Grokbase Groups R r-help March 2012
FAQ
Hi all,

I am doing bootstrap with logistic regression by using glm function, and I
get the errors;

glm.fit: fitted probabilities numerically 0 or 1 occurred and
glm.fit: algorithm did not converge

I have read some things about this issue in the mailing list. I can guess
what was the problem. My data contains one or may be two outliers. Does the
error occur due to these extreme values or something else such as MLE? Is
there any way to to fix this problem?

Regards,

Ufuk

-----
Best regards

Ufuk
--
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  • S Ellison at Mar 21, 2012 at 11:30 am

    I get the errors;
    glm.fit: fitted probabilities numerically 0 or 1 occurred and
    glm.fit: algorithm did not converge
    .....
    Is there any way to to
    fix this problem?
    There are two separate issues.
    One is the appearance of fitted values at 0 or 1.
    The other is the lack of convergence.

    The first is usually not fatal; it means that the probabilities are so close to 0 or 1 that a double precision value can't distinguish them from 0 or 1. Often that's a transient condition during iteration and the final fitted values are inside (0,1), but final fitted values can also be out there if you have continuous predictor values a long way out; by itself, that usually won't stop a glm.

    The second is a bit more problematic. Sometimes it's just that you need to increase the maximum number of iterations (see the control= argument and ?glm.control). That is always worth a try - use some absurdly high number like 1000 instead of the default 25 and go find some coffee while it thinks about it. If that solves your problem then you're OK, or at least as OK as you can be with a data set that hard to fit.
    But if you're bootstrapping with some anomalous values it is also possible that some of your bootstrapped sets have too high a proportion of anomalies, and under those conditions it's possible that there could be no sensible optimum within reach.

    One way of dealing with that in a boostrap or other simulation context is to check the 'converged' value and if it's FALSE, return an NA for your statistic. But of course that is a form of censoring; if you have a high proportion of such instances you'd be on very thin ice drawing conclusions.

    S Ellison

    *******************************************************************
    This email and any attachments are confidential. Any use...{{dropped:8}}
  • Ufuk beyaztas at Mar 21, 2012 at 2:22 pm
    Dear Ellison,
    Many thanks for your reply.

    The information you typed is clear and now I know what to do. Your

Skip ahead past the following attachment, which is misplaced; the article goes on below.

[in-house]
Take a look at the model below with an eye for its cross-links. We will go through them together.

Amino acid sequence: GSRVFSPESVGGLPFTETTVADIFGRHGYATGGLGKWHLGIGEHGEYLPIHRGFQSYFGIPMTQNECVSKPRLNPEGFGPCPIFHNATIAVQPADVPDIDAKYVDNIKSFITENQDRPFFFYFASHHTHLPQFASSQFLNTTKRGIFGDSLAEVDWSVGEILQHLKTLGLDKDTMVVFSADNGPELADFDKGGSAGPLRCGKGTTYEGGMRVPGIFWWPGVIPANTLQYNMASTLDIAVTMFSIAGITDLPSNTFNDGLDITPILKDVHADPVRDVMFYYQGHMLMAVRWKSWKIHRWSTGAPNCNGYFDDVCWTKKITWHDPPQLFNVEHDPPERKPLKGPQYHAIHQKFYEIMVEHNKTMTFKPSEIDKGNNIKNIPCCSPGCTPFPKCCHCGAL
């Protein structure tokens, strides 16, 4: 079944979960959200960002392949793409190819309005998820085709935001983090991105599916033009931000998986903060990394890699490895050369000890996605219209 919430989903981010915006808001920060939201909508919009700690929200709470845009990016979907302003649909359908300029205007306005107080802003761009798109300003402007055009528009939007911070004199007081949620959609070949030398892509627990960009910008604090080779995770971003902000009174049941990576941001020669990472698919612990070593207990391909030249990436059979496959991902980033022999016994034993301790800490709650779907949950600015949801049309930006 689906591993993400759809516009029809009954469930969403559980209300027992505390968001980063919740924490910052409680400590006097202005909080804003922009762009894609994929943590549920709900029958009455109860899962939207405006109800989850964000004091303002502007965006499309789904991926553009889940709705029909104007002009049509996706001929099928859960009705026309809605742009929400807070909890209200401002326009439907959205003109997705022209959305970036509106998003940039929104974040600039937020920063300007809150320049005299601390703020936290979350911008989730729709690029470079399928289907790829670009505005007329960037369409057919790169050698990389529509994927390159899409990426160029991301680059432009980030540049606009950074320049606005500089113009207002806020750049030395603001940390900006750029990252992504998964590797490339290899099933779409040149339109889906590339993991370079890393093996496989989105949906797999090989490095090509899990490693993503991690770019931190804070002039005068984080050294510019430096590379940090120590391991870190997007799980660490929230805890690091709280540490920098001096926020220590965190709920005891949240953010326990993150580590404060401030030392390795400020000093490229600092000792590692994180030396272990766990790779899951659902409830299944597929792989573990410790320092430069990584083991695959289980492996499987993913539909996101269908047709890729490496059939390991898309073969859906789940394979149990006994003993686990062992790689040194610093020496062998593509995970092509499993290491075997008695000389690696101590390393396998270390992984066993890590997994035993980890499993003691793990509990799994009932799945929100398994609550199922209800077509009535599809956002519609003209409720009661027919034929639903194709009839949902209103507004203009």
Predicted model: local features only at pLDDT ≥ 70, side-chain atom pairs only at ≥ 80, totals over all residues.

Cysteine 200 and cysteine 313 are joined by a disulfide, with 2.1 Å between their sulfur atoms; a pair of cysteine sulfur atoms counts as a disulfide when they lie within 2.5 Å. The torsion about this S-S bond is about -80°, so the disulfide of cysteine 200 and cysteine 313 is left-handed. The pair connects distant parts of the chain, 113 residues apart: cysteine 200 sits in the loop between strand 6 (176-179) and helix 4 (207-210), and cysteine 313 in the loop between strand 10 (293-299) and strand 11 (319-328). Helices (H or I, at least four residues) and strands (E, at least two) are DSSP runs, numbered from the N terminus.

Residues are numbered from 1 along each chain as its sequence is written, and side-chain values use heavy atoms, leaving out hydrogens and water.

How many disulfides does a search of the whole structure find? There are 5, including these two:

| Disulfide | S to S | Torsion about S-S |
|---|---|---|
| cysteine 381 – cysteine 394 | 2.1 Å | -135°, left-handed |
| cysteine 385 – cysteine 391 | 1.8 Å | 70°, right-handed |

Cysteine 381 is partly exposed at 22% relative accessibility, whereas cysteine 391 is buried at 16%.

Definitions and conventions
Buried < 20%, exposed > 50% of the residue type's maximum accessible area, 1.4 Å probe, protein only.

suggestion about finding some coffee while running simulation is so good =)

    Regards

    -----
    Best regards

    Ufuk
    --
    View this message in context: http://r.789695.n4.nabble.com/glm-fit-fitted-probabilities-numerically-0-or-1-occurred-tp4490722p4492436.html
    Sent from the R help mailing list archive at Nabble.com.
  • Ted Harding at Mar 21, 2012 at 3:35 pm

    On 21-Mar-2012 S Ellison wrote:
    I get the errors;
    glm.fit: fitted probabilities numerically 0 or 1 occurred and
    glm.fit: algorithm did not converge
    .....
    Is there any way to to
    fix this problem?
    There are two separate issues.
    One is the appearance of fitted values at 0 or 1.
    The other is the lack of convergence.

    The first is usually not fatal; it means that the probabilities
    are so close to 0 or 1 that a double precision value can't
    distinguish them from 0 or 1.
    Often that's a transient condition during iteration and the
    final fitted values are inside (0,1), but final fitted values
    can also be out there if you have continuous predictor values
    a long way out; by itself, that usually won't stop a glm.

    The second is a bit more problematic. Sometimes it's just that
    you need to increase the maximum number of iterations (see the
    control= argument and ?glm.control). That is always worth a try
    - use some absurdly high number like 1000 instead of the default
    25 and go find some coffee while it thinks about it. If that
    solves your problem then you're OK, or at least as OK as you can
    be with a data set that hard to fit.
    But if you're bootstrapping with some anomalous values it is
    also possible that some of your bootstrapped sets have too high
    a proportion of anomalies, and under those conditions it's
    possible that there could be no sensible optimum within reach.

    One way of dealing with that in a boostrap or other simulation
    context is to check the 'converged' value and if it's FALSE,
    return an NA for your statistic. But of course that is a form
    of censoring; if you have a high proportion of such instances
    you'd be on very thin ice drawing conclusions.

    S Ellison
    There is a further general issue. The occurence of

    glm.fit: fitted probabilities numerically 0 or 1 occurred and
    glm.fit: algorithm did not converge

    is usually a symptom of what is called "linear separation".
    The simplest instance of this is when there is a single
    predictor variable X whose values are, say, ordered as
    X[1] < X[2] < ... < X[n-1] < X[n].